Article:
The Forgotten Keeper
Sometimes as a goalkeeper or goalkeepers parent you can feel like your alone on an island. Keepertec has your back and feels your pain. Remember that without a goalkeeper, soccer would be a very boring and pointless game.
When was the last time you learned something new? Or more specifically tried to learn a new sport? Something unlike anything you've done before, something that takes you out of your comfort zone and unbalances you? This is what kids feel constantly when we introduce them to a new sport. This post focuses on that concept... More specifically I'm going to share with you what learning a new sport in my 30's taught me about learning.
As a Canadian kid I grew up in a hockey loving family. Hockey was always on TV and my grandfather was an ex player and coach. In an era where girls barely played soccer, let alone hockey, I gravitated to the beautiful game. I started organized soccer at an early age and continued on until I hung up my gloves and started coaching instead. But realistically Hockey was in my blood. I don't even remember being taught how to shoot a wrist shot, it just happened. I played street hockey with the boys and spent hours out side with a stick, net and tennis ball. I loved it! As I got older I still enjoyed watching it, but as kids do, stopped going out to the street to play.
As I entered my 30's I was looking for a new sport to play. Not because I didn't love soccer anymore or wasn't thankful for the life it had given me. But it was my job now and I wanted to different physical release. I was always drawn to hockey and Im sure if I grew up on the Prarries it's the sport I would have picked. There was just one tiny problem... I didn't know how to skate! It's a bit of an issue if you want to play ice hockey. So I did the only thing I could think of, joined a learn to skate program.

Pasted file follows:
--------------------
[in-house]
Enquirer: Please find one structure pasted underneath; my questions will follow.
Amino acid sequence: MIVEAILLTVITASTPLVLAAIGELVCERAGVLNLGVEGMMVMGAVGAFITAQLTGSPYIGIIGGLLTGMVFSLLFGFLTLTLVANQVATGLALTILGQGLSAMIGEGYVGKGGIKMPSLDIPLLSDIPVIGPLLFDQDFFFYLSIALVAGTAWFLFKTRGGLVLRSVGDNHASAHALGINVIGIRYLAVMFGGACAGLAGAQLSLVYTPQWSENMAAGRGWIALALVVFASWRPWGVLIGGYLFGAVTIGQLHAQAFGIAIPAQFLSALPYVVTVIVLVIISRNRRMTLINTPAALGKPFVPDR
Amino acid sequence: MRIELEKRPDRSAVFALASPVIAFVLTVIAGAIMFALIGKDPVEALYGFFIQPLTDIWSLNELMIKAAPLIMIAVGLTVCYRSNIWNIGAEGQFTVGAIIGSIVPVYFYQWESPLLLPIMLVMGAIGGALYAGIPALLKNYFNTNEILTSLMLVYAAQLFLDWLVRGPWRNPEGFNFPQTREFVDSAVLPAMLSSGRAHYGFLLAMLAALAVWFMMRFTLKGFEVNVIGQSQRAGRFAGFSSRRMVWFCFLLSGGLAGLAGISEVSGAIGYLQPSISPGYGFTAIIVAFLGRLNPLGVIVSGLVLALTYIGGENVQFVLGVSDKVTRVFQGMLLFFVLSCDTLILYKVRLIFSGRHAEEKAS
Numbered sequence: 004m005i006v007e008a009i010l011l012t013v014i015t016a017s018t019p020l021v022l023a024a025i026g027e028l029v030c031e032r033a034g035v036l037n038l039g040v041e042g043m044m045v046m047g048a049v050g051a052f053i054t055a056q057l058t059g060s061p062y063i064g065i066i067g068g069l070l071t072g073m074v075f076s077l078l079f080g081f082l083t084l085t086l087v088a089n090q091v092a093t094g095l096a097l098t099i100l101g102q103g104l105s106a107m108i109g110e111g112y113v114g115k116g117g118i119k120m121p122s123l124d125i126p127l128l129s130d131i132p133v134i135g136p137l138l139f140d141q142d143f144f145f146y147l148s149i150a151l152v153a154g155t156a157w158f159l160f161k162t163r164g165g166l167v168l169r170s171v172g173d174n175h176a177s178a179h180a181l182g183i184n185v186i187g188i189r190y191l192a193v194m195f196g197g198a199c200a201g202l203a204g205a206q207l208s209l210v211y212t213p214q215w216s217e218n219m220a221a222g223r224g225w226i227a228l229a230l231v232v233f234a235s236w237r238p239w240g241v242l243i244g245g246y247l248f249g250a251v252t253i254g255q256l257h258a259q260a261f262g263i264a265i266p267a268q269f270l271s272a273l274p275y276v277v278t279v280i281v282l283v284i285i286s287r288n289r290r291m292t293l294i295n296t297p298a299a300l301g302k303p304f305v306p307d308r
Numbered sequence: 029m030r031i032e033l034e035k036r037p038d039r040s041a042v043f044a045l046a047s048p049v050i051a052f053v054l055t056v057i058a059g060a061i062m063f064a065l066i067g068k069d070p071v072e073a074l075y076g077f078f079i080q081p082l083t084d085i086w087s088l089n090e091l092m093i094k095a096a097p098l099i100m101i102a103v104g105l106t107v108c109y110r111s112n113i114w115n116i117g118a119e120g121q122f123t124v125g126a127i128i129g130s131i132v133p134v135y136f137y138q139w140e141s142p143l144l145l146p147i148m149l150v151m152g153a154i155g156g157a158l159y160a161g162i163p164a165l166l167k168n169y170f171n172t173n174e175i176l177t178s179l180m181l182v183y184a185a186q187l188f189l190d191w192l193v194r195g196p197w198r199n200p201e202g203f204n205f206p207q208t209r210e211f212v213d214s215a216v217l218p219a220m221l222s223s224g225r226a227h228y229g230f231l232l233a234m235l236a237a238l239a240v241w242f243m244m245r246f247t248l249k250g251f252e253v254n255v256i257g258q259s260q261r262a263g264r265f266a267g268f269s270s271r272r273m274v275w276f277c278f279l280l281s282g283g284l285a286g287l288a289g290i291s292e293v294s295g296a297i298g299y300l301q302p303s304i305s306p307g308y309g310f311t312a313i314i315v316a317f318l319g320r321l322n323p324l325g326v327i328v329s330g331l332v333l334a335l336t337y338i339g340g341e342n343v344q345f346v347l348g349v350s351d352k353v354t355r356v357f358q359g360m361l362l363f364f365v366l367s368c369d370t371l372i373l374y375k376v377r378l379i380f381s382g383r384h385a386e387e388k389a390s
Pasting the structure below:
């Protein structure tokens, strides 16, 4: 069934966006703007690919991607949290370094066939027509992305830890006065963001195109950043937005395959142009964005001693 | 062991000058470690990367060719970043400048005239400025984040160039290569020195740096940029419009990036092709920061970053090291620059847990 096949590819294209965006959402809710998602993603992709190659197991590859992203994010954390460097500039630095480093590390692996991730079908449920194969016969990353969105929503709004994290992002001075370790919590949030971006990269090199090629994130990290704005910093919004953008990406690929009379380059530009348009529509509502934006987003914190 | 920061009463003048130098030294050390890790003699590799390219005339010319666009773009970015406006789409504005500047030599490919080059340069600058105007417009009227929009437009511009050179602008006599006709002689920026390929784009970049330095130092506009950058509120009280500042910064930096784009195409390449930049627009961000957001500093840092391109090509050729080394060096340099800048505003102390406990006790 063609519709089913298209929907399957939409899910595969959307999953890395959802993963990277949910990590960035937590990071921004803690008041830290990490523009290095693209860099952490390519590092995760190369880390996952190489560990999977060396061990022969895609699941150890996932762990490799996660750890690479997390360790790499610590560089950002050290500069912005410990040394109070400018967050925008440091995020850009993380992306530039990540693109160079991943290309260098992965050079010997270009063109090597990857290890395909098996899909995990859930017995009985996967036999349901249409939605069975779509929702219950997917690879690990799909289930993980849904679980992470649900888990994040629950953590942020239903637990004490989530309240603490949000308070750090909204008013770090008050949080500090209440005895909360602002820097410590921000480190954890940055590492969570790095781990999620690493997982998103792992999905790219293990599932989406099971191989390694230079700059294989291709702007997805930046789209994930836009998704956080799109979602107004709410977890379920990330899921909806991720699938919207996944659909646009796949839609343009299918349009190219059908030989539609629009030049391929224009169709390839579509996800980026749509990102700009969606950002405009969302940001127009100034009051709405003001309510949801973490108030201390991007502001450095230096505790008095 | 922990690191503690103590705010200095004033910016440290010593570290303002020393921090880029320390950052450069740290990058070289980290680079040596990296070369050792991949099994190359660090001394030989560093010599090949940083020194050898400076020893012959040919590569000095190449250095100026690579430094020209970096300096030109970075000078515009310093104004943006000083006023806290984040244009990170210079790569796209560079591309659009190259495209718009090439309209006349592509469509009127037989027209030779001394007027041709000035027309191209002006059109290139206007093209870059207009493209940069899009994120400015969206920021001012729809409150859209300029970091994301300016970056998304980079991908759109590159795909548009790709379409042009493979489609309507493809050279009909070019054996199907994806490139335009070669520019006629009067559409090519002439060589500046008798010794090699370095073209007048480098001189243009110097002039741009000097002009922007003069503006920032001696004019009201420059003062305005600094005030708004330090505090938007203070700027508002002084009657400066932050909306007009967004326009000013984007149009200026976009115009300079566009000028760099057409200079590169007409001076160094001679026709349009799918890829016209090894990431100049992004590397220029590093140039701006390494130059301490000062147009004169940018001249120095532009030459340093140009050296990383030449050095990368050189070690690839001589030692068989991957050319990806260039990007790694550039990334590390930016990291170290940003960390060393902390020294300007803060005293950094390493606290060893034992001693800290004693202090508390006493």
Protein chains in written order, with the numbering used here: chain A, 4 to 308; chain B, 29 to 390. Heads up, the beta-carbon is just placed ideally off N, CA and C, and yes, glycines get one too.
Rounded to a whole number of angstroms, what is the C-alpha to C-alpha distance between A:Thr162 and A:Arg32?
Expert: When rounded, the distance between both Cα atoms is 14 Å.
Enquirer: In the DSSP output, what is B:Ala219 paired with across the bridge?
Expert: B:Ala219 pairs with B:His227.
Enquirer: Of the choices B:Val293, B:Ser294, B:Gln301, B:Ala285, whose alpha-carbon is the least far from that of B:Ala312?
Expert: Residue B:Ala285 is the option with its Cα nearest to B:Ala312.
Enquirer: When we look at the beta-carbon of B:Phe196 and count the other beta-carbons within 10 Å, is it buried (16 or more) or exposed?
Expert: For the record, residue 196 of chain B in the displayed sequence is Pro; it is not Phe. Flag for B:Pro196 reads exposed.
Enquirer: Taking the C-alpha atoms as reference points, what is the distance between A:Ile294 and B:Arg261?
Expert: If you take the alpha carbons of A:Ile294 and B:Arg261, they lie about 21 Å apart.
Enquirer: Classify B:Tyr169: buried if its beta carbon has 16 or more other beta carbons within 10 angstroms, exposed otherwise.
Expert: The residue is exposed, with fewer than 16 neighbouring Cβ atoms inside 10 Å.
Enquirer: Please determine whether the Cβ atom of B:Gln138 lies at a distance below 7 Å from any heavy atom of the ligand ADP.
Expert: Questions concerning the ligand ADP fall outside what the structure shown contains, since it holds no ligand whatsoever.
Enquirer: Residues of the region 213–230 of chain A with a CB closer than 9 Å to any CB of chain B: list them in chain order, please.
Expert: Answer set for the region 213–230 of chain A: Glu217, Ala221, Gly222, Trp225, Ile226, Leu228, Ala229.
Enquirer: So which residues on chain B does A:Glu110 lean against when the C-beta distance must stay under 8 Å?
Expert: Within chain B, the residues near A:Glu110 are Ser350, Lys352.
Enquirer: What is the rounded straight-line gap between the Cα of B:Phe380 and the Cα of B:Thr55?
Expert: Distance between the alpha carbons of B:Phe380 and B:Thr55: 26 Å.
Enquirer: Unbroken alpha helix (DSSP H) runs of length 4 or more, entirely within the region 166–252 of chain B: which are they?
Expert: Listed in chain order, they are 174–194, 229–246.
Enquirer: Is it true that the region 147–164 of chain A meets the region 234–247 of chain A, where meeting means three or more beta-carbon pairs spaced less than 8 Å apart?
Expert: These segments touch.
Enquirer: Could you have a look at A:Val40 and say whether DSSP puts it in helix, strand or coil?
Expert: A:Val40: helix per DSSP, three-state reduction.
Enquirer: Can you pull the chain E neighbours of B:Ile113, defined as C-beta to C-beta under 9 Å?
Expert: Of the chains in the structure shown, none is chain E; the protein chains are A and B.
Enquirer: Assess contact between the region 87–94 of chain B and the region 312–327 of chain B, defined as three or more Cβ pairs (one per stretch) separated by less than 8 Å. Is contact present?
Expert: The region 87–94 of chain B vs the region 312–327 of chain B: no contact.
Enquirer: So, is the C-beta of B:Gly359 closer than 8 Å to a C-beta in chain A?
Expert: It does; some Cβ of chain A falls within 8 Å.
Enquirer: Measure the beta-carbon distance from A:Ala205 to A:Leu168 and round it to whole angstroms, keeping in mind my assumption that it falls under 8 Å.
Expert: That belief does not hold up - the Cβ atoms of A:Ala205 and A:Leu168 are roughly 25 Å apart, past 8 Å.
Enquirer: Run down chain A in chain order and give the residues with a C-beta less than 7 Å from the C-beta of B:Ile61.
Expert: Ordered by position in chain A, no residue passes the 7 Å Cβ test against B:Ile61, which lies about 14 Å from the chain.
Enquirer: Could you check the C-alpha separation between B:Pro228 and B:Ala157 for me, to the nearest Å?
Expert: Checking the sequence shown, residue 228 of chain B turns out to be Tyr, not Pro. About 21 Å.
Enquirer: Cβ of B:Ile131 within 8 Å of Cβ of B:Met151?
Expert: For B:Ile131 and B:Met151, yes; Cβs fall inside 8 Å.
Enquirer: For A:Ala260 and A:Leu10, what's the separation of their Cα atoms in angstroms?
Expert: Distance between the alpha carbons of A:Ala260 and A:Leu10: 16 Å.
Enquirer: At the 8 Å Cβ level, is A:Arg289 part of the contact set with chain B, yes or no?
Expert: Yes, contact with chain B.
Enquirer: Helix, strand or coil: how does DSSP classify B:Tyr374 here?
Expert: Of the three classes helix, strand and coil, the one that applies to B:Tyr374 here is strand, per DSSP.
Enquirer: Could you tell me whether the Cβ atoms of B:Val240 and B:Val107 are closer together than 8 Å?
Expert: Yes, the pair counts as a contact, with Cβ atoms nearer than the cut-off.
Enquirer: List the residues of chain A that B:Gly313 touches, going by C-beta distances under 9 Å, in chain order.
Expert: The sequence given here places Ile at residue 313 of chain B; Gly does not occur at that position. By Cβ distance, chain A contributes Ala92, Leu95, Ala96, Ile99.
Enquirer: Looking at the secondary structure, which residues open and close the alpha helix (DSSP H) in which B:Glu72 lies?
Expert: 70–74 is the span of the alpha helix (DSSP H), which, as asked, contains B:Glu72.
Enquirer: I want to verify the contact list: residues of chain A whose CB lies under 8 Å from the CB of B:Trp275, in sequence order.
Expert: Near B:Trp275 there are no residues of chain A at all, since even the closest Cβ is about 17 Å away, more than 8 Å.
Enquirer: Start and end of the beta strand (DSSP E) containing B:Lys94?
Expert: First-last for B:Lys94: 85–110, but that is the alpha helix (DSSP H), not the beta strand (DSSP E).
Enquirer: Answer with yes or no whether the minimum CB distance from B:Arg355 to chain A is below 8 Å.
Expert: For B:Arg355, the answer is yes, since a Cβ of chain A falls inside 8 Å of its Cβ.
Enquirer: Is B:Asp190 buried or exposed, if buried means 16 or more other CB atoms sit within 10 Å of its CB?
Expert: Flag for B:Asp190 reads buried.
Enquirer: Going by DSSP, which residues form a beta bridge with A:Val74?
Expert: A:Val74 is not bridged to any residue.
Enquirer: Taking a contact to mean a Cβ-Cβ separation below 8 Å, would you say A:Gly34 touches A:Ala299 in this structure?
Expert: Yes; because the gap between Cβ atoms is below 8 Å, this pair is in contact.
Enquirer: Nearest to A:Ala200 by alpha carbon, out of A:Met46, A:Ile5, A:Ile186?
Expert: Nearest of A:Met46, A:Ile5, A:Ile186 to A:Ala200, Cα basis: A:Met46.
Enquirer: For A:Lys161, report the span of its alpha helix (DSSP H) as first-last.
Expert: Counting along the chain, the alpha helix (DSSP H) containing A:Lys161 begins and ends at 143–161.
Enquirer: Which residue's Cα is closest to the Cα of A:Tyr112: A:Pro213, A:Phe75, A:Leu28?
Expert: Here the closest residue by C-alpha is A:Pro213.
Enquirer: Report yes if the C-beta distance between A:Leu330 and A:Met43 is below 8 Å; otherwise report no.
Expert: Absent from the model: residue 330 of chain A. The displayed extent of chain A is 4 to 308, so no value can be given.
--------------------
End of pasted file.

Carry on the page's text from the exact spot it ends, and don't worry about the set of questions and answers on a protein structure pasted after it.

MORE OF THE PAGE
Being older and learning a new skill is not only difficult, it can be scary. For one I had a lot further to fall than the average 4 year old. Of course on week 1 I was like Bambi. Completely lost and having to think deeply about every movement to avoid falling even while standing still.
As a coach myself I tried to apply teaching and learning techniques to myself. I started to put myself in the shoes of the kids I taught. In soccer I'd been playing since 4, everything was natural to me and second nature. I can read the game and react without thinking. Now here I was standing on a sheet of ice with two small blades under my feet. I was excited, but useless. Being an athlete I don't like being bad at things. I tackled this new challenge with the enthusiasm of a child, but much more self aware.
Throughtout the weeks I would repeat drills and practice on my own to work out the details of each movement. I took what I learned in a session and worked to improve it on my own. Being self aware of my learning helped a lot. Over time I continued to improve, to become more comfortable and eventually be able to add a stick and puck to my movement.
So what did this amazing experience teach me? More than I had realized at the time. Aside from the many personal things I learned about myself, I learned or remembered even more about how we learn.
Here is the best advice I can give any young player learning how to be a goalkeeper.
- It's hard to learn new things
- Making a mistake doesn't feel very good.
- Making mistakes helps in learning
- Understand how a movement should feel
- Watch others and then repeat. "monkey see, monkey do"
- It's frustrating when your body doesn't do what your mind wants it to.
- Learning requires patience
- Learning happens in stages
- Have one focus to improve on each time, not everything all at once.
- Remain positive about small improvements
- Performing with with time is different than under pressure
- Competition makes you better
- It's important to be self aware of mistakes and how to fix them
- Ask questions
- Step back and think about it
- Never top tying to get better
- Be happy and thankful when others notice your improvements.
As adults we sometime forget exactly how much goes into learning. Try to remember this fact the next time your frustrated with your players for making what we perceive to be "simple mistakes". I can assure you, falling flat on your back from standing is most defiantly a simple mistake, but it still hurts tremendously.
2611 Viscount Way